Jindal spending rhetoric begins to change

Naomi B. Jones
March 11, 2008
March 13, 2008
Naomi B. Jones
March 11, 2008
March 13, 2008

Gov. Bobby Jindal crisscrossed the state during his campaign complaining of “out of control” government spending in Louisiana, and now he’s proposing more than $1 billion in surplus spending and a $30.1 billion budget.

Jindal’s proposed budget tops the size of a budget he framed as irresponsible on the campaign trail, and the surplus spending mimics many of the spending plans approved by his predecessor and lawmakers whose priorities he criticized while running for office.

But Jindal’s calling his recommendations fiscally responsible – as the rhetoric from campaigning to governing has changed.

With the campaign over, the Republican governor is pushing several new and expanded programs and is proposing to continue many of the initiatives funded and sought by former Democratic Gov. Kathleen Blanco.

Where new spending is proposed, Jindal and his budget crafters are calling them “strategic initiatives.”

Up first on the spending front is a special legislative session that began Sunday and that includes Jindal’s call for doling out a $1.1 billion surplus.

Among the biggest-ticket recommendations are $515 million for road, bridge and port projects and $300 million for hurricane and coastal protection programs. Jindal said it was a prudent way to invest a one-time surplus.

A year ago, when Blanco had a more than $1.5 billion surplus, she backed and received approval for $600 million in road repairs and construction, $200 million for coastal restoration and hurricane flood protection projects and $42 million for port repairs and expansions.

“It looks like they took the same form and filled in the blanks,” said Sen. John Alario, D-Westwego, calling the Jindal plan similar to Blanco’s surplus spending plans of a year ago.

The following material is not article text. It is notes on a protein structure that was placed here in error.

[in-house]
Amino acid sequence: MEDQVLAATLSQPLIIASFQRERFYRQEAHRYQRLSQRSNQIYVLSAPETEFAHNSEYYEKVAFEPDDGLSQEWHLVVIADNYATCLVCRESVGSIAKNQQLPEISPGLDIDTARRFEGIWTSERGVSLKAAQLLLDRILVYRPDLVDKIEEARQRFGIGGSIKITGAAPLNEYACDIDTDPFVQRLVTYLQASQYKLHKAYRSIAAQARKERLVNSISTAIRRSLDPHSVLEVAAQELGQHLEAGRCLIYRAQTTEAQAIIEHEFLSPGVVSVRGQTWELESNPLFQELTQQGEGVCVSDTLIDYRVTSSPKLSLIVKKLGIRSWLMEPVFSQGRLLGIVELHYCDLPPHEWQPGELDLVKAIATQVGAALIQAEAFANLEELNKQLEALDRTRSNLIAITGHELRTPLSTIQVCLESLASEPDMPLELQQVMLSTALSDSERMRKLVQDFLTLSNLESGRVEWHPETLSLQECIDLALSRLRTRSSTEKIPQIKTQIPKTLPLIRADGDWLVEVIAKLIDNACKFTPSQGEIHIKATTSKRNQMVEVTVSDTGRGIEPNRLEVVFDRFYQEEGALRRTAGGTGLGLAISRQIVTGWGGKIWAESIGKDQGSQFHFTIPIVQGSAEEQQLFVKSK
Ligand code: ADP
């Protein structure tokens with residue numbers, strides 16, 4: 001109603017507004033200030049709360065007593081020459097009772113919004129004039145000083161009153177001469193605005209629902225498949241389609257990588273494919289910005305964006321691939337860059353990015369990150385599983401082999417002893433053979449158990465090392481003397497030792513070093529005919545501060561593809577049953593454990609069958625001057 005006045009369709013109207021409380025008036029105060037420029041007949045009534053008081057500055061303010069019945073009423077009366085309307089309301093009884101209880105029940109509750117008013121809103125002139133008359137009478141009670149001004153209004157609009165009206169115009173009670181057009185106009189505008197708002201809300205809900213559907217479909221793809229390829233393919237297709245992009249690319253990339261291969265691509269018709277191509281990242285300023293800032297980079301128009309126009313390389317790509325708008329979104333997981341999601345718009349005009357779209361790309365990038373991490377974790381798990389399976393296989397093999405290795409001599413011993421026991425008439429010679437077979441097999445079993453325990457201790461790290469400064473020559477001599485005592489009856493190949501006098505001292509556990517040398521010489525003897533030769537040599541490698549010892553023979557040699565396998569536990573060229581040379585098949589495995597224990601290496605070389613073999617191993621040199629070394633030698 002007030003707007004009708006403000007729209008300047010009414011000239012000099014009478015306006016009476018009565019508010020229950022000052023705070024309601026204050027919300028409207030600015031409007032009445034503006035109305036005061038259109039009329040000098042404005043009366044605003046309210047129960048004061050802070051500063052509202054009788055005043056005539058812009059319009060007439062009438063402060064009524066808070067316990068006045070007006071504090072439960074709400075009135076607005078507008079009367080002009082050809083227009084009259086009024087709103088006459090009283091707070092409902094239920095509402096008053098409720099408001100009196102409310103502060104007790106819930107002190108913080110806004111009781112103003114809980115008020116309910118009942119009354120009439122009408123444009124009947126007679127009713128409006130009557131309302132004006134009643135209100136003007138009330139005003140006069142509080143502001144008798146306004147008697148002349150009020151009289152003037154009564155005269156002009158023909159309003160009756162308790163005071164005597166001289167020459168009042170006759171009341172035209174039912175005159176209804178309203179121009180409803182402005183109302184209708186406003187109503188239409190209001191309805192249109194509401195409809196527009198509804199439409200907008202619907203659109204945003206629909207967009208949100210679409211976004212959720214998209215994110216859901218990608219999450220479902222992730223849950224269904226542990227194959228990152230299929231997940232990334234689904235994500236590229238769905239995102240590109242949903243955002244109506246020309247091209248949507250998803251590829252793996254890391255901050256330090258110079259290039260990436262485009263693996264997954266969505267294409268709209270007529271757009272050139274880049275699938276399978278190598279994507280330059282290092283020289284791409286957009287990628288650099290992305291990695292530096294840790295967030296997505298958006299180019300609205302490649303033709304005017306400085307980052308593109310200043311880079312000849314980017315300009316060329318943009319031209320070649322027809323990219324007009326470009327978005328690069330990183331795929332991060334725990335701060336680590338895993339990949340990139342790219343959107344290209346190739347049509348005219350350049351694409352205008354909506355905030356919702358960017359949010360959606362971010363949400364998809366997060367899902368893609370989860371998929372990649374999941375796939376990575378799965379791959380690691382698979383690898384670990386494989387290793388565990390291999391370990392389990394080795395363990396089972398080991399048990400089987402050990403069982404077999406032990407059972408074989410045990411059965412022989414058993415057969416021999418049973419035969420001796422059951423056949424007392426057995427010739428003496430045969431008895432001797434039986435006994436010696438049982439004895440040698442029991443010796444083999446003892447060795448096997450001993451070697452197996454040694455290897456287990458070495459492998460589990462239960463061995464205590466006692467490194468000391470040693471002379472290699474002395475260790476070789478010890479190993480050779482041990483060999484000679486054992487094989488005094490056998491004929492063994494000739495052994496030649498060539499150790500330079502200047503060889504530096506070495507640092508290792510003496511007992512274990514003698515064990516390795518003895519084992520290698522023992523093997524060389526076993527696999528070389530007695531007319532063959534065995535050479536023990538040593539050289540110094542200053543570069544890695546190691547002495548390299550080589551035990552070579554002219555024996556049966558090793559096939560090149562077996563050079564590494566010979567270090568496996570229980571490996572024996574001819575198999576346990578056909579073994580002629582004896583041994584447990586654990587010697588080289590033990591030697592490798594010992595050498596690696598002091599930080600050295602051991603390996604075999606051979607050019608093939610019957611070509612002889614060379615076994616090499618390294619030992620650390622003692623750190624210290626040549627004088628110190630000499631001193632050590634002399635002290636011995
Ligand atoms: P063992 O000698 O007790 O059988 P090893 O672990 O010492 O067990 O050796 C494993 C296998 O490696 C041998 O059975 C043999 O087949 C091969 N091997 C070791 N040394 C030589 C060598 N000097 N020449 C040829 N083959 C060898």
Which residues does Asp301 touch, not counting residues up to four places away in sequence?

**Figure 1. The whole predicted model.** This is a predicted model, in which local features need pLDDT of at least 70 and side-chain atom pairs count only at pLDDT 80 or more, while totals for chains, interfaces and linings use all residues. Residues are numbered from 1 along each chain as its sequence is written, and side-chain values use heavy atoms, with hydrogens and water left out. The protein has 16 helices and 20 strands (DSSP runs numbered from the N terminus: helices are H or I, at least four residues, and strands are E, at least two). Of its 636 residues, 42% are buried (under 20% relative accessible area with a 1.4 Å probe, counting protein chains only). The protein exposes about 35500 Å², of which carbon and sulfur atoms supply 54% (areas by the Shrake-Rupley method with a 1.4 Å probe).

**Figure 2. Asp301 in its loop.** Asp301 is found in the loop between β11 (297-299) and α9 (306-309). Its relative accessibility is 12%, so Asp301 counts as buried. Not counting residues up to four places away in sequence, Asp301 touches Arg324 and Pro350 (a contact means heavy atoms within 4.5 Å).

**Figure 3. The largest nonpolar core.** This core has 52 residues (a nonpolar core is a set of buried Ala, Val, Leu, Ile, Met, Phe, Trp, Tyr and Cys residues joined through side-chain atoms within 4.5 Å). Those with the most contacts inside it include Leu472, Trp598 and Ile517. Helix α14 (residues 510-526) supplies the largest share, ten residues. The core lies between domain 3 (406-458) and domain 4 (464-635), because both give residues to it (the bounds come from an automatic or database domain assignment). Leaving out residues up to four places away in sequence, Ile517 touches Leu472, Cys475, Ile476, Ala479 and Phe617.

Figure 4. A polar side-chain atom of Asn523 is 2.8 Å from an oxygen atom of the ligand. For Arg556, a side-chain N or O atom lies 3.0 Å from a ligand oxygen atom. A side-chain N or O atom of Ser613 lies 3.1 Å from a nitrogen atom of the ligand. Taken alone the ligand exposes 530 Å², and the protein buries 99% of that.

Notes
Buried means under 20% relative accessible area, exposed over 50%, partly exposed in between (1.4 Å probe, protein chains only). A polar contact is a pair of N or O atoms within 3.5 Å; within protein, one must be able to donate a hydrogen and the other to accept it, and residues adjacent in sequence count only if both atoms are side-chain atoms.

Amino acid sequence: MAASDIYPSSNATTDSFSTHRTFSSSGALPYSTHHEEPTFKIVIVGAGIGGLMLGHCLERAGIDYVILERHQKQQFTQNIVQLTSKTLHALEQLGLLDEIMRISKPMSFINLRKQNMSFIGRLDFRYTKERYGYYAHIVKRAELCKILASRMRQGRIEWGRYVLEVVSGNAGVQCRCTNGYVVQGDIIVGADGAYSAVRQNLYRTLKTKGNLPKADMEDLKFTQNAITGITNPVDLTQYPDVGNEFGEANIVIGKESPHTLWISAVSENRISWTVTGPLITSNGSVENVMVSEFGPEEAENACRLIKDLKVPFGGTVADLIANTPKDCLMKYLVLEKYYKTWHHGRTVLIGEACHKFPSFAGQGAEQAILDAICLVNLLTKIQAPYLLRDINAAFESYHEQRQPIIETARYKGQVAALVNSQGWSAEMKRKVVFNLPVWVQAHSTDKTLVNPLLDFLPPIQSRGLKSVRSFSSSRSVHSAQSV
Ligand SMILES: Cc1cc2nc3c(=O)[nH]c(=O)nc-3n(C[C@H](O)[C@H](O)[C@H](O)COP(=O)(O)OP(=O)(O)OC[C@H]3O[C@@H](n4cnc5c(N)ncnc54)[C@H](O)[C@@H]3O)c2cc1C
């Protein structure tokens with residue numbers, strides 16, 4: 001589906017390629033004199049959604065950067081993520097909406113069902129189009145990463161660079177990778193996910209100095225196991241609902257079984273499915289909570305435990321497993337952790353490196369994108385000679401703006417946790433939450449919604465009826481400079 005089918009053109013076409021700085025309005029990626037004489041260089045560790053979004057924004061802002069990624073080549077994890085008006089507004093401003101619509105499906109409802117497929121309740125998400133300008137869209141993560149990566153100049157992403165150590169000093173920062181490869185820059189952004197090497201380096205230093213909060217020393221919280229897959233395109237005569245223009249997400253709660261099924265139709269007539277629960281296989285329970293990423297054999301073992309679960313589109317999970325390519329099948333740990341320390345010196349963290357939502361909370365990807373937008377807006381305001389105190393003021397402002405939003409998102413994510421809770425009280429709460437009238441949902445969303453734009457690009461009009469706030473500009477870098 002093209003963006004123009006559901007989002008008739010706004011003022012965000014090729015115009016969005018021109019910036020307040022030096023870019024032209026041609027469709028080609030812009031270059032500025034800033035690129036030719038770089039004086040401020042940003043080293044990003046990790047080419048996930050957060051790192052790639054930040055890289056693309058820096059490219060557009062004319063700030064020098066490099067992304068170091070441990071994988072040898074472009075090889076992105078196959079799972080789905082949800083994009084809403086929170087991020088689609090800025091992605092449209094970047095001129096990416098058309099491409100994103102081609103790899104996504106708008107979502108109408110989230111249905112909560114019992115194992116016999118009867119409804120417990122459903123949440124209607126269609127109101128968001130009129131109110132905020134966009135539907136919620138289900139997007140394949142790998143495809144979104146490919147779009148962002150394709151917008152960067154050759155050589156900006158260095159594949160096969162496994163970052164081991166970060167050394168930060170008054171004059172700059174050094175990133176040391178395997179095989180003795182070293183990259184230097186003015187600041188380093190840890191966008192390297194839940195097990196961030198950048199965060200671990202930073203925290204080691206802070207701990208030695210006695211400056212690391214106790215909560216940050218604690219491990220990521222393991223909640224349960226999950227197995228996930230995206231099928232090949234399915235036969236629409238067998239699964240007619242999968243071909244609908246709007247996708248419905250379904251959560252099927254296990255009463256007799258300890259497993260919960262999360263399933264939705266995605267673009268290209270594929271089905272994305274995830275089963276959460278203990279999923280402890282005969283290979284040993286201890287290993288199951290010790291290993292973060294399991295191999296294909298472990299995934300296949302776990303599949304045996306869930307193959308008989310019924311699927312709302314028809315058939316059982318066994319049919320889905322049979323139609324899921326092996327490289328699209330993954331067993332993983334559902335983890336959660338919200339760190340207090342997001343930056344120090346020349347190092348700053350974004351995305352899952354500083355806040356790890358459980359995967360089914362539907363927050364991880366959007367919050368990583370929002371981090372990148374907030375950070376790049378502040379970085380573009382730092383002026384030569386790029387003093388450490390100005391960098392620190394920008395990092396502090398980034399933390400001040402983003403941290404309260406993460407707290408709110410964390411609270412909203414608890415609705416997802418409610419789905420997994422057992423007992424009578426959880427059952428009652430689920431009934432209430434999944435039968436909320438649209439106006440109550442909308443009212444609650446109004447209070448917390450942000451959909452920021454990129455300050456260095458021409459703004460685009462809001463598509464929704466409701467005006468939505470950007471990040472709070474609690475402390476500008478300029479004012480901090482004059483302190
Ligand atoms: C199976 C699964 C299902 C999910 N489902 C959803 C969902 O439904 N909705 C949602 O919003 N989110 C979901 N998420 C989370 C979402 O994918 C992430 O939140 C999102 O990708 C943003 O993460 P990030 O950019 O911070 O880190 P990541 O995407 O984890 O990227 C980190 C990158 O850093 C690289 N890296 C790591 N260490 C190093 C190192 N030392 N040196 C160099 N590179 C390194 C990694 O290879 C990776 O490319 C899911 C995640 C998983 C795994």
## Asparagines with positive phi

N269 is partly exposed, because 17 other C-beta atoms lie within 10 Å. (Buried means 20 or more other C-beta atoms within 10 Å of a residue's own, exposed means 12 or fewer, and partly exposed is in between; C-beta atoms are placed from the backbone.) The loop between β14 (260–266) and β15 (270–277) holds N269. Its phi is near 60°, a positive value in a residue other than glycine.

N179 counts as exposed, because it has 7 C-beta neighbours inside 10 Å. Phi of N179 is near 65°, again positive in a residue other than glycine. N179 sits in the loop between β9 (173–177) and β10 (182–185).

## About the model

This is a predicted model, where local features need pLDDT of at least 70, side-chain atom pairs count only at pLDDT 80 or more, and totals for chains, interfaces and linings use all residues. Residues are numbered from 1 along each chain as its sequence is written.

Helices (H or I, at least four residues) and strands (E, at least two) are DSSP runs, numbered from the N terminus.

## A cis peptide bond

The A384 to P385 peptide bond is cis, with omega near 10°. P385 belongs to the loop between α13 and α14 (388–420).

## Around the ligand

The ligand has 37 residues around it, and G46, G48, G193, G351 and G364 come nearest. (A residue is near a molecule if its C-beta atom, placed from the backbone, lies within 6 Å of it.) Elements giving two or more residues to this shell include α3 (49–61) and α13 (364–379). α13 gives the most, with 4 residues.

When the special session wraps up in a couple of weeks, lawmakers will begin working in earnest on crafting a state operating budget for the new fiscal year that begins July 1.

A governor’s recommendations usually factor heavily into the approved budget, and Jindal offered a $30.1 billion proposal for the 2008-09 year that continues most state services and programs and increases dollars on education and health care.

The price tag on Jindal’s recommendations is larger than the $29.7 billion budget for 2007-08 that he spent much of the governor’s race lamenting.

The current-year budget actually grew to $34.3 billion as new federal hurricane recovery dollars were added, so Jindal, his budget advisers and his legislative allies were quick to point out that the governor’s $30.1 budget proposal is a 12 percent decrease from the current year.

“We feel that we have proposed a very fiscally responsible budget,” said Jindal’s budget chief, Commissioner of Administration Angele Davis.

“I’m encouraged that the budget’s $4 billion less than the previous year. It’s refreshing,” said Sen. Mike Michot, R-Lafayette, chairman of the Senate Finance Committee and a Jindal floor leader in the Legislature.

But the entire decrease can be linked to the loss of one-time federal aid to help the state recover from hurricanes Katrina and Rita. And direct state general fund spending is scheduled to grow by $551 million in Jindal’s budget.

For another comparison, the current year’s budget without hurricane disaster recovery spending is $21.7 billion.

When direct flow-through federal aid related to the hurricanes is backed out, the budget proposed by Jindal would be $22.5 billion, an increase of $800 million.

One notable difference from Blanco to Jindal: Blanco increased state government jobs by more than 1,000, but Jindal proposes a reduction of more than 1,000 vacant state positions.

Alario recognized that the Jindal administration and the current Legislature would get credit for cutting the budget, even though it wouldn’t represent an actual decrease in state spending. At a meeting in January, Alario said, “It’ll happen with or without us, but we’ll take the credit for it.”